Artheism is a return to the unconventional wisdom of illogical formations. For the artheist, a myth has more texture than an axiom, a monster is more palpable than a portrait and an anti-formation or deformation is more original than a polished figure.
Artheism rejects the conventional existence of external objects. It is an unconscious exercise in destruction and a conscious desire to be intellectually erected. Destroying that which blocks the artheist’s line of sight defines his/her creativity; such ferocious negative energy honing in on a positive result is the mode and mood of an artheist.
Artheism cannot tolerate the external world. Forms begin to exist only when uttered or drawn. Nothing in the world of artheism comes from outside; there is no outside in the artheist’s self-centered world.
artheist, when I create, I don’t unleash an internal energy; I simply burn myself to power my creation. I am entirely egocentric when I paint, benefiting each time the world attends to my self-consuming passion.
This process of destroying in order to create is unconscious; I cannot connive to destroy that which I do not know. The artheist can but destroy everything along his way, understanding that nothing stands in his way except himself. However, an artheist is no longer sane, should he consciously decide about a particular aspect of himself which he intends to destroy. Such edition in the name of sanity is the work of priests and politicians, rather than the
artheist. The artheist is insane, and perceives sanity as a bureaucratic aberration.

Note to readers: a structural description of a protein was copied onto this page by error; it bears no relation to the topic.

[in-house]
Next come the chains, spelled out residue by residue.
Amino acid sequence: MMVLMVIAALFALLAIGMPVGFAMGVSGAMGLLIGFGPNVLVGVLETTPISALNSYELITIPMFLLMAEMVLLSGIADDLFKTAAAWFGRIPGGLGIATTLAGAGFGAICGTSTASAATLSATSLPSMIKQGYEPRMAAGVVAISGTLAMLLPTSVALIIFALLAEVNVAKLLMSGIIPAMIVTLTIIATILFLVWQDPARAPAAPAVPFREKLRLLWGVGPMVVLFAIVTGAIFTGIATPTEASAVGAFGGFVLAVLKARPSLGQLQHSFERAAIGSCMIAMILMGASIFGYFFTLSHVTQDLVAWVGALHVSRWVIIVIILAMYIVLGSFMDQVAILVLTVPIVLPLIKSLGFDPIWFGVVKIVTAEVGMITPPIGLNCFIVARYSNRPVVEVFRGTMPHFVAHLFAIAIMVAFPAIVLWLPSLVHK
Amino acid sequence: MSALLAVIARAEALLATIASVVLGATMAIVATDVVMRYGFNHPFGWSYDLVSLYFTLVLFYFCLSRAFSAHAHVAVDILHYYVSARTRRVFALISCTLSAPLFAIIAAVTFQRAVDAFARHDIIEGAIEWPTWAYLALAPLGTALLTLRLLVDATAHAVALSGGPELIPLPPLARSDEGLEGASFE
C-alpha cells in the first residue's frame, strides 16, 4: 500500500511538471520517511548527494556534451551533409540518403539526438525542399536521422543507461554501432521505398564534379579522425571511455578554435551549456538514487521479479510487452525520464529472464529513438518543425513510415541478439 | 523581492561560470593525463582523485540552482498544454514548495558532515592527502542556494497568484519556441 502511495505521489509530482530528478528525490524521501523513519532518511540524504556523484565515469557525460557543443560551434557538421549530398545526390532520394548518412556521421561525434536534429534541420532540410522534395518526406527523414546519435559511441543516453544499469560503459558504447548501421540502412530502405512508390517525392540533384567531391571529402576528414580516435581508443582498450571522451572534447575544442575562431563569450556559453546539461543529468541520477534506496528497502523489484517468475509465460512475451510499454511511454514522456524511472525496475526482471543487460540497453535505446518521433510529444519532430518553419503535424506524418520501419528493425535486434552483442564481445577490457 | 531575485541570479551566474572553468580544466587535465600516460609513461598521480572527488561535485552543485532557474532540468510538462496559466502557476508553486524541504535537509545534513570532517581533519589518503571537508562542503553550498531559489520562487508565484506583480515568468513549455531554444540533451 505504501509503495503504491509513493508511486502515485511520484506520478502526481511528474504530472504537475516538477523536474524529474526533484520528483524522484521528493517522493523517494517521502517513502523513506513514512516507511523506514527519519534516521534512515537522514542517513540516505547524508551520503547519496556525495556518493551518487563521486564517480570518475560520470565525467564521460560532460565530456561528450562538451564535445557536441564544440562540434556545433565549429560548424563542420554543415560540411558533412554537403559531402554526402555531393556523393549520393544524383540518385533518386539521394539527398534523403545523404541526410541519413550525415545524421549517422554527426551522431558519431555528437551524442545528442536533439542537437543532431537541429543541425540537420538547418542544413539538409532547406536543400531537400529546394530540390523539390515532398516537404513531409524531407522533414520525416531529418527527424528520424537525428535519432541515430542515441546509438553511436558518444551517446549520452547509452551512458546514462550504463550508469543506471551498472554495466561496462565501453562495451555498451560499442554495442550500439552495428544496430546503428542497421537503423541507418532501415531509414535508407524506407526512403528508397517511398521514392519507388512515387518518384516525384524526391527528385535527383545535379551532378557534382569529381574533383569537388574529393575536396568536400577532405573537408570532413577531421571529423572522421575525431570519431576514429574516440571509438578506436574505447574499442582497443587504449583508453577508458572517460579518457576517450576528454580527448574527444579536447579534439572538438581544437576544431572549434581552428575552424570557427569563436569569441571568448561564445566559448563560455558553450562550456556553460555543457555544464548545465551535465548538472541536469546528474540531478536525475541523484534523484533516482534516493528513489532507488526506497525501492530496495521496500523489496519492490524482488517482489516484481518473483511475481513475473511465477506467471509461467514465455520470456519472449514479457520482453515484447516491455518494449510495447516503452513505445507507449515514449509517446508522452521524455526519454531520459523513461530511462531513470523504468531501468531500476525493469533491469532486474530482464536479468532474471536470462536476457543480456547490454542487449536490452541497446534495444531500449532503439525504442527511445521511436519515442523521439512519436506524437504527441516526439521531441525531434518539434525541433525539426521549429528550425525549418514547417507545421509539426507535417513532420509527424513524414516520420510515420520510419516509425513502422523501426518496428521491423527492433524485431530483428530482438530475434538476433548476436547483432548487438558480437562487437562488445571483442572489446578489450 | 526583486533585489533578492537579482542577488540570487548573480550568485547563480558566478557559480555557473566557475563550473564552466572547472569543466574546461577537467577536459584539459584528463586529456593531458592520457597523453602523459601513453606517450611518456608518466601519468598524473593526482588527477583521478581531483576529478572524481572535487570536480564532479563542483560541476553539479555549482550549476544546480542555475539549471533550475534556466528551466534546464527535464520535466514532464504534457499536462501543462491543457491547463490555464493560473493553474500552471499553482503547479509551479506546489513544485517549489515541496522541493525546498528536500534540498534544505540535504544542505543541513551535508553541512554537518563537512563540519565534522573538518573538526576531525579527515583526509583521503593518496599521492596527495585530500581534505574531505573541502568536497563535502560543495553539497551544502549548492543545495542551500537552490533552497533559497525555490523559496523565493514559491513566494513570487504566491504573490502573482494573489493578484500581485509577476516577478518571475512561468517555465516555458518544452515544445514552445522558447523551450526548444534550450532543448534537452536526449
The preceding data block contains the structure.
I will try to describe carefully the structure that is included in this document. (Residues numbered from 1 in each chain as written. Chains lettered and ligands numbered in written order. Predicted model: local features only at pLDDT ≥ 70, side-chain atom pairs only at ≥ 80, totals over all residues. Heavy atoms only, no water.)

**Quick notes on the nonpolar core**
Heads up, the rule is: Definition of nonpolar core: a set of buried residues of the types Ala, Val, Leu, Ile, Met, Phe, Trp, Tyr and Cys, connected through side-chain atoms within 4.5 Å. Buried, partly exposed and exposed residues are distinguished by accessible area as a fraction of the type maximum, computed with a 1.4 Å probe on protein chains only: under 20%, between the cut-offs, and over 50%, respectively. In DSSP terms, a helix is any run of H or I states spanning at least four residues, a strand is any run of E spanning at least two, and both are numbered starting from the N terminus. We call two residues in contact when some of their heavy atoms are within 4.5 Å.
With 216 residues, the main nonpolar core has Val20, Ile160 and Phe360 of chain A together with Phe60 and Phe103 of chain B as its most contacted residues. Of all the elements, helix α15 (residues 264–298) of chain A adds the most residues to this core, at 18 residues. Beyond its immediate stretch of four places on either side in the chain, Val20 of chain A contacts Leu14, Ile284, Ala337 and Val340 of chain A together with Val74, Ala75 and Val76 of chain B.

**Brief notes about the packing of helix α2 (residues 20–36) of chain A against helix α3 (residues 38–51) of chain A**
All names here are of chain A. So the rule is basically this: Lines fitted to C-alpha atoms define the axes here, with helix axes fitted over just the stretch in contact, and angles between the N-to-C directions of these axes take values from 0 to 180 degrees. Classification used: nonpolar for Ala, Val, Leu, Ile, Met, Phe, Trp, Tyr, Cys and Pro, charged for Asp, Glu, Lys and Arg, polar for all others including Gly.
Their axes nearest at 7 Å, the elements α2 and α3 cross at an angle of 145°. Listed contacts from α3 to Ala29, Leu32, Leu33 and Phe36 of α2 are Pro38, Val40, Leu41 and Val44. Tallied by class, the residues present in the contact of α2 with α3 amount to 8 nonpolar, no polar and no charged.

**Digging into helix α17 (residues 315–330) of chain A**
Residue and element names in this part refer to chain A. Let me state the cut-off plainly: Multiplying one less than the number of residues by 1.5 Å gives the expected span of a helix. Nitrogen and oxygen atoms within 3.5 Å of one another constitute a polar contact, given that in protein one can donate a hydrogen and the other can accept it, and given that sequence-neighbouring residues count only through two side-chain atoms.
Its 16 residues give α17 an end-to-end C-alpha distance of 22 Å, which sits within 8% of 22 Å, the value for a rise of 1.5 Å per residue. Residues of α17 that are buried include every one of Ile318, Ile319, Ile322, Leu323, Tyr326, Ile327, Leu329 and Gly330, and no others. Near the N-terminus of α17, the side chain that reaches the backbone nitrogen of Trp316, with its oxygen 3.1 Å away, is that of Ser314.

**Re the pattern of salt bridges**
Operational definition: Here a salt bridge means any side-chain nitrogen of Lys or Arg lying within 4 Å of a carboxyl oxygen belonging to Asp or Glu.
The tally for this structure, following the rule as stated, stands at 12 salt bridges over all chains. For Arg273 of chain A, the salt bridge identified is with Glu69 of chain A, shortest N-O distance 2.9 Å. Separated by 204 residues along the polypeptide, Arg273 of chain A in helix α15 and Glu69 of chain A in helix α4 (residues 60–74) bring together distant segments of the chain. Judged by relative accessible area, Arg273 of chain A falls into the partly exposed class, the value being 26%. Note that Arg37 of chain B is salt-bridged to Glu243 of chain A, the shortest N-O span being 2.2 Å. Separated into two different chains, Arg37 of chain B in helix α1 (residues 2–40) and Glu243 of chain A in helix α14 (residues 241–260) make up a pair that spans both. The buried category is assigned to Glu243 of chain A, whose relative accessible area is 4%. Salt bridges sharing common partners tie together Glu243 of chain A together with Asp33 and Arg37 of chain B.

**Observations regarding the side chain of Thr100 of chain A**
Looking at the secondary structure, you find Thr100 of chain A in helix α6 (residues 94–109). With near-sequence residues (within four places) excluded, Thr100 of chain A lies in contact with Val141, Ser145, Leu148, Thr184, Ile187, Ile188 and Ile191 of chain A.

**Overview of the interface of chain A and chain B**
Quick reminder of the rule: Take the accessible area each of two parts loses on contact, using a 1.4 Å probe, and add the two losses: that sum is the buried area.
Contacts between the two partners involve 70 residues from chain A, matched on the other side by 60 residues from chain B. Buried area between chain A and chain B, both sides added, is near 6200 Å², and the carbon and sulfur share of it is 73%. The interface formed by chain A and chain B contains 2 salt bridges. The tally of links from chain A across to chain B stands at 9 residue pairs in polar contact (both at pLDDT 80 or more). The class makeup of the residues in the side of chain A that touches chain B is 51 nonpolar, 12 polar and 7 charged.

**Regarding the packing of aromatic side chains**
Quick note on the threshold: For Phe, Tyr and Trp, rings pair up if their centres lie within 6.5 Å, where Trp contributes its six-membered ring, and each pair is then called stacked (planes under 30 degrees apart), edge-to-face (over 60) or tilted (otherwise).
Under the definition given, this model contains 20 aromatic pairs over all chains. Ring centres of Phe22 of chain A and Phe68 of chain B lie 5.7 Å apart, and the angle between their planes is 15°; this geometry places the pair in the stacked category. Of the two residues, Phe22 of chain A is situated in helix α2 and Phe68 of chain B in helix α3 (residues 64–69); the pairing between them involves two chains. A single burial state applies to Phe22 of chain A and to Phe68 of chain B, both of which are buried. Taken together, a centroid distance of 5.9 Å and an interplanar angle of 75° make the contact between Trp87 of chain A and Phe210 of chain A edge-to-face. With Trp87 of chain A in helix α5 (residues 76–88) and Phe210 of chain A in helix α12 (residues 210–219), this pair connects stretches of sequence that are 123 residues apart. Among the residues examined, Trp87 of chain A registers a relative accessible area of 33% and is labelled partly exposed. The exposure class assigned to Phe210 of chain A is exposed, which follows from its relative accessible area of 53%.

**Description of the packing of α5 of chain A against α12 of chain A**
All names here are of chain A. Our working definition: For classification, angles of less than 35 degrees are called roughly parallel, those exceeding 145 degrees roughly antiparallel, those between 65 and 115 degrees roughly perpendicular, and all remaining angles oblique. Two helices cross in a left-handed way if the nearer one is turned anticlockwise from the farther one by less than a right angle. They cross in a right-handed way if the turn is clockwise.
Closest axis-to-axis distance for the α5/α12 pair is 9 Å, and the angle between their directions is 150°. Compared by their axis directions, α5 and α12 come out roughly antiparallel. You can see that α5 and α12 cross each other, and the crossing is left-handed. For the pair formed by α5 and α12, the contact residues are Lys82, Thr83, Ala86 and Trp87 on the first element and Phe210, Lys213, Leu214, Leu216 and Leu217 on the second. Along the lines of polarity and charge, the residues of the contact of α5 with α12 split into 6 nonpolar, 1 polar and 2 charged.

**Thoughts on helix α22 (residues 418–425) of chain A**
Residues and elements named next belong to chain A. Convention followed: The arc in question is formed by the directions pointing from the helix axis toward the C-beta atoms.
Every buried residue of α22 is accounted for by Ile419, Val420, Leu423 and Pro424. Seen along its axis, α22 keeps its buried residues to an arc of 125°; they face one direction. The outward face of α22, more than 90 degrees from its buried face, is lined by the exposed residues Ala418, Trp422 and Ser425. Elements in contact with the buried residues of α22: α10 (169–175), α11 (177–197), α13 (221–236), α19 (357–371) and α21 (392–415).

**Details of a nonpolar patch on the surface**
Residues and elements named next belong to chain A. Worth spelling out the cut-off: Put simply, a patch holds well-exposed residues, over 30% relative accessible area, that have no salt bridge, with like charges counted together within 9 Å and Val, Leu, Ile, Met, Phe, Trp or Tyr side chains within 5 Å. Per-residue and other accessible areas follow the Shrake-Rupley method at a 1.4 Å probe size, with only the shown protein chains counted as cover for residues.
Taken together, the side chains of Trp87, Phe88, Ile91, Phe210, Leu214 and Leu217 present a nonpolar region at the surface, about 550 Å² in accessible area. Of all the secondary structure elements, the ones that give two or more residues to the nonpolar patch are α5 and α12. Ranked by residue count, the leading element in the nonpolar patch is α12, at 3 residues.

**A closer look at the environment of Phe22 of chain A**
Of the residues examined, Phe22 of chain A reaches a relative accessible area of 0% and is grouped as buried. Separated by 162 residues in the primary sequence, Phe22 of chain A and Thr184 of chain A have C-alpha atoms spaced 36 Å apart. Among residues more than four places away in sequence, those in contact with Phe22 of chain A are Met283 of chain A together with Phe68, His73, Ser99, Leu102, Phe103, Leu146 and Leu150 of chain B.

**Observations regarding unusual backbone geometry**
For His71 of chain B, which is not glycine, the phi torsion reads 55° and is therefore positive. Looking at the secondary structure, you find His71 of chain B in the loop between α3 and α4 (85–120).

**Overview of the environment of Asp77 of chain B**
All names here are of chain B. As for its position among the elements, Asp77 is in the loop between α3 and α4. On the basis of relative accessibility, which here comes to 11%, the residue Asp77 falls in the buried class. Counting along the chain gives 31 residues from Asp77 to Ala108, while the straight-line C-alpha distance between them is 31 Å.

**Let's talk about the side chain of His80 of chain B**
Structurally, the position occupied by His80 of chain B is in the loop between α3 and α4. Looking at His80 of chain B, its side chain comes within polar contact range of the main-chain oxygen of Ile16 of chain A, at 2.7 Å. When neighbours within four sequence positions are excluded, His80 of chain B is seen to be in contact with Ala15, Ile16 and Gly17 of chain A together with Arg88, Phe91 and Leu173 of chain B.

An artheist cannot befriend language. He distrusts grammar and etymology, structure and history. The whole purpose of his activity is to dislodge such constructs and to pave the way for a new form of expression with neither rules nor roots. The unconscious, his most beloved language, is trusted not because of its rules but because he ignores what drives it.
For the artheist, destruction is unconscious because that which is conscious is already obsolete. Even if truth exists an artheist would not know it, for he would willingly destroy it on his way. The more the artheist knows, the less he creates; that is the void felt and left after each act of destruction in which the artheist wallows and rejoices.
What is the point, then, in creating? The canvas is a mirror. Share it if you wish, but you must hold it in front of yourself in order for others to see you. Artheism is my intention, though I haven’t reached it. If you can see more than what I intend to show you, then you are on the path to
artheism. It is time for you to hold a brush and to destroy your fears.